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Article | Sep 2022 | Workspan Daily

A Fresh Look at the Much Debated “Last-Minute” Excise Tax Gross-Up

Providing an excise tax gross-up is sensitive for boards, given its poor reputation. Here is data providing a clear picture of the practice.

Under pressure from shareholders and their advisors, companies have been eliminating excise tax gross-up provisions from legacy change-in-control (“CIC”) and severance agreements since the late 1990s.1 Many companies removing gross-ups pledge not to include them in any new agreements going forward. But despite the promises, some companies end up adopting these in anticipation of a CIC or other strategic transaction.

The decision as to whether to provide an excise tax gross-up is always a sensitive one for boards, given the vehicle’s poor reputation. In the context of a merger or acquisition, compensation committee members often need answers to the following questions:

  • How common is it for companies to agree to new excise tax gross-up protections in the deal context and how costly are they, typically?
  • What is the rationale for companies choosing to adopt these?
  • Has implementing new excise tax gross-ups impacted corresponding “say-on-golden-parachute” (“SOGP”) advisory vote results?

To provide a clearer picture of the practice, we summarize activity on “last-minute” excise tax gross-ups, obtained by Pearl Meyer and Main Data Group from say-on-golden-parachute disclosures in transaction filings from 2016 to early 2022.2

50 “Last-Minute” Excise Tax Gross-Ups

In a study of over 900 transaction disclosures, we identified 50 examples of companies (without excise tax gross-up provisions before a CIC) adding one or more of these entitlements shortly before the closing of a transaction. The examples we found were in SOGP disclosures from transactions occurring between 2016 and early 2022. The count of 50 includes companies that disclosed the right to provide excise tax gross-ups (to one or more executives) as well as those that implemented the entitlements.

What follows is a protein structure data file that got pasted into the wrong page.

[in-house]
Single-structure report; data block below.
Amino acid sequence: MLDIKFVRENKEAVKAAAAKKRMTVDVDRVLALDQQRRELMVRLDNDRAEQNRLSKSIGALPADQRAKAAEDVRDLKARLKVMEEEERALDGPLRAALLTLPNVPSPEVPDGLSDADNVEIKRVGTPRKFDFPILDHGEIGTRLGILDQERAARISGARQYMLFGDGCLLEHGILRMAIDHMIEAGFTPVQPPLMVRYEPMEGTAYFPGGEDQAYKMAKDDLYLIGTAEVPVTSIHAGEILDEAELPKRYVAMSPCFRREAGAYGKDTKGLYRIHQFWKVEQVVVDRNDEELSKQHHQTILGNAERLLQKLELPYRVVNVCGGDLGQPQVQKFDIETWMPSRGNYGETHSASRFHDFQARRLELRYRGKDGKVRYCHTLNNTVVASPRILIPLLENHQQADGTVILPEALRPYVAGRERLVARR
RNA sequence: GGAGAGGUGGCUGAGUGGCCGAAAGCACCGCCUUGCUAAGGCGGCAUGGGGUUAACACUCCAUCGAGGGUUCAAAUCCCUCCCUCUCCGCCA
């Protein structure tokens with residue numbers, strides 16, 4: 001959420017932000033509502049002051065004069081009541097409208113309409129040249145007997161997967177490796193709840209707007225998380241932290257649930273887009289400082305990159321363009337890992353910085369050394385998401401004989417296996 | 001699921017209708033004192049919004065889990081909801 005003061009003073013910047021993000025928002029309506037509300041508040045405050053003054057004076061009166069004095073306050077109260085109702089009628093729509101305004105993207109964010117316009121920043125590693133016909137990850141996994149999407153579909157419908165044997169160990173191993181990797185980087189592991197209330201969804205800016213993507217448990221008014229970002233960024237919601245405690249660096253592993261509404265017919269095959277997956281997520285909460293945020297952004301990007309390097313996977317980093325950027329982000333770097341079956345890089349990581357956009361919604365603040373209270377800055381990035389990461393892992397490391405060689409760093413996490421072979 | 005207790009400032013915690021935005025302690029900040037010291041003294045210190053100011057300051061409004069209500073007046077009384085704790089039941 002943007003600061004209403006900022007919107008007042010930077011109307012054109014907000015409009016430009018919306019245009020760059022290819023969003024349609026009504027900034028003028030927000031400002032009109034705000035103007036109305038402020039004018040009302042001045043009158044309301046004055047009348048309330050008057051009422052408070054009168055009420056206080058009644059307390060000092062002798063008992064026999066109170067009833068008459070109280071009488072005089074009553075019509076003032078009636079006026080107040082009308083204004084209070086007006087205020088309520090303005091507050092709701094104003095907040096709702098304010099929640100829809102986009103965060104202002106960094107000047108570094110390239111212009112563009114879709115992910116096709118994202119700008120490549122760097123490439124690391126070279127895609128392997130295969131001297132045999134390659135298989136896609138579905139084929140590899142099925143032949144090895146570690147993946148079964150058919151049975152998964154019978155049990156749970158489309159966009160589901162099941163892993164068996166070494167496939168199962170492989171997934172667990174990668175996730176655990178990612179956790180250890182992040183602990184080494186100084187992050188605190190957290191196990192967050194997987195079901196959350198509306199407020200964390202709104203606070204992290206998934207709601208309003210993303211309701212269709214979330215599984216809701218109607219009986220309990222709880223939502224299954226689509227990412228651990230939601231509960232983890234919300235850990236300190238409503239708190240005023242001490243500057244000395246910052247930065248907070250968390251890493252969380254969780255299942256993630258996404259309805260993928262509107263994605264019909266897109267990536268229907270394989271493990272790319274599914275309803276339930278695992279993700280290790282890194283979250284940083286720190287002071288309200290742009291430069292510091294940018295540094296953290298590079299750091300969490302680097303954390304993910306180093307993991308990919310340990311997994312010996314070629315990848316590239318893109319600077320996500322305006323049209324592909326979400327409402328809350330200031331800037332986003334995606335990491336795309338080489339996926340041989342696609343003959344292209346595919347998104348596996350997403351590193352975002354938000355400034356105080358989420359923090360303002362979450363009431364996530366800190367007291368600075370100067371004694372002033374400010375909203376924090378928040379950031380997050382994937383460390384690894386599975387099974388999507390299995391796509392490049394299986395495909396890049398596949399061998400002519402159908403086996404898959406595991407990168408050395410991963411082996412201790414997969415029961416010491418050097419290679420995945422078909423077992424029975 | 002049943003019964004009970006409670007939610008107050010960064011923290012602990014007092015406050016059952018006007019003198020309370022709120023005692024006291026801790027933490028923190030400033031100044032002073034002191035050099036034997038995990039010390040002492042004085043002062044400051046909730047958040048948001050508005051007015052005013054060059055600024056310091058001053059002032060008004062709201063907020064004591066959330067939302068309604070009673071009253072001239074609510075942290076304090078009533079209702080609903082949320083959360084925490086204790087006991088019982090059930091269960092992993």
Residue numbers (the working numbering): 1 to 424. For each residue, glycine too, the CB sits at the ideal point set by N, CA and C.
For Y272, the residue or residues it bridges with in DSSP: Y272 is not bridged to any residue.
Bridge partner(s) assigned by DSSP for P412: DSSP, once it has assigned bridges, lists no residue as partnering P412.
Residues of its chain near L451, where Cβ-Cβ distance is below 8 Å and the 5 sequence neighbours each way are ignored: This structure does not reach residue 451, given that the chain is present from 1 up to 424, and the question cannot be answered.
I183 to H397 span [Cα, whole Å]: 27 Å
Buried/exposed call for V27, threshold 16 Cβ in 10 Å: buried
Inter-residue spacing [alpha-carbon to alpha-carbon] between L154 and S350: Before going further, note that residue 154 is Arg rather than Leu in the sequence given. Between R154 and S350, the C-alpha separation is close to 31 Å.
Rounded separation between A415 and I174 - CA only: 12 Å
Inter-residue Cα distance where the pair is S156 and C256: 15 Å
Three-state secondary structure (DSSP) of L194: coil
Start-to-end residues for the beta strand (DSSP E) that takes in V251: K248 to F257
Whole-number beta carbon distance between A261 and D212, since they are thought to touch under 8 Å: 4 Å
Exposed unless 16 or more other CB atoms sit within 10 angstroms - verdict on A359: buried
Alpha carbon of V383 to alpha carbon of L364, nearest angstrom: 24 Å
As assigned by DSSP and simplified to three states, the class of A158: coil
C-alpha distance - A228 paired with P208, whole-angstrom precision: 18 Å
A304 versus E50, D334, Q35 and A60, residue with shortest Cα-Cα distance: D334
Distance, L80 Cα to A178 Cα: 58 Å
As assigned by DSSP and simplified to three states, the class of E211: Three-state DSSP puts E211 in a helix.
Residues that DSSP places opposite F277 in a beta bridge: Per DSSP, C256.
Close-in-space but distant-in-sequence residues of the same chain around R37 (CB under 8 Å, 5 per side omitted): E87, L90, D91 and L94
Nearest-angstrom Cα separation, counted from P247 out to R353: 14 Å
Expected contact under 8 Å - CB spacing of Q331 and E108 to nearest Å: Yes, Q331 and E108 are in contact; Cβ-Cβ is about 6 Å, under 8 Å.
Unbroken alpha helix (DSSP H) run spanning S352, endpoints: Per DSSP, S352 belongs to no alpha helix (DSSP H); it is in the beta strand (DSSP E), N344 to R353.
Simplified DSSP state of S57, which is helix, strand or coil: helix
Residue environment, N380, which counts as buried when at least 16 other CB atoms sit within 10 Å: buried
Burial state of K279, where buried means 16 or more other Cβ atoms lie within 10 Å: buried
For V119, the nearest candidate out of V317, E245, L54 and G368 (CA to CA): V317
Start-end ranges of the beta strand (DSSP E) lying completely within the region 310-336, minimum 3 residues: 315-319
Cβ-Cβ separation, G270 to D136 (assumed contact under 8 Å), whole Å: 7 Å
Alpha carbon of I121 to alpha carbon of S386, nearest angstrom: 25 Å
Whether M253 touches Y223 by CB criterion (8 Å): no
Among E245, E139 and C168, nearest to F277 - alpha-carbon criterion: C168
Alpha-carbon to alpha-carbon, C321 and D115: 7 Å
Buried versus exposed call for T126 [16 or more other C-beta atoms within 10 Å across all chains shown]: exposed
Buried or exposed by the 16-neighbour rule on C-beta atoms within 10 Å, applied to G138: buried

Out of the 50 companies/transactions, 40 underwent and reported a SOGP advisory vote, while 10 companies were not subject to the vote. 

Although providing last-minute gross-ups has grabbed the headlines, it appears to be a minority practice—only 5% of the entire study group (4% when considering just the companies subject to a SOGP vote) implemented these at the time of the transaction filing.

Last Minute Gross-Ups

The companies approving last-minute gross-ups spanned various industries and services. Biotechnology companies and healthcare equipment and/or service providers had the most instances of implementing them (13 companies and 9 companies, respectively). Of the 10 transactions that were not required to have a SOGP vote, nine were biotechnology companies.3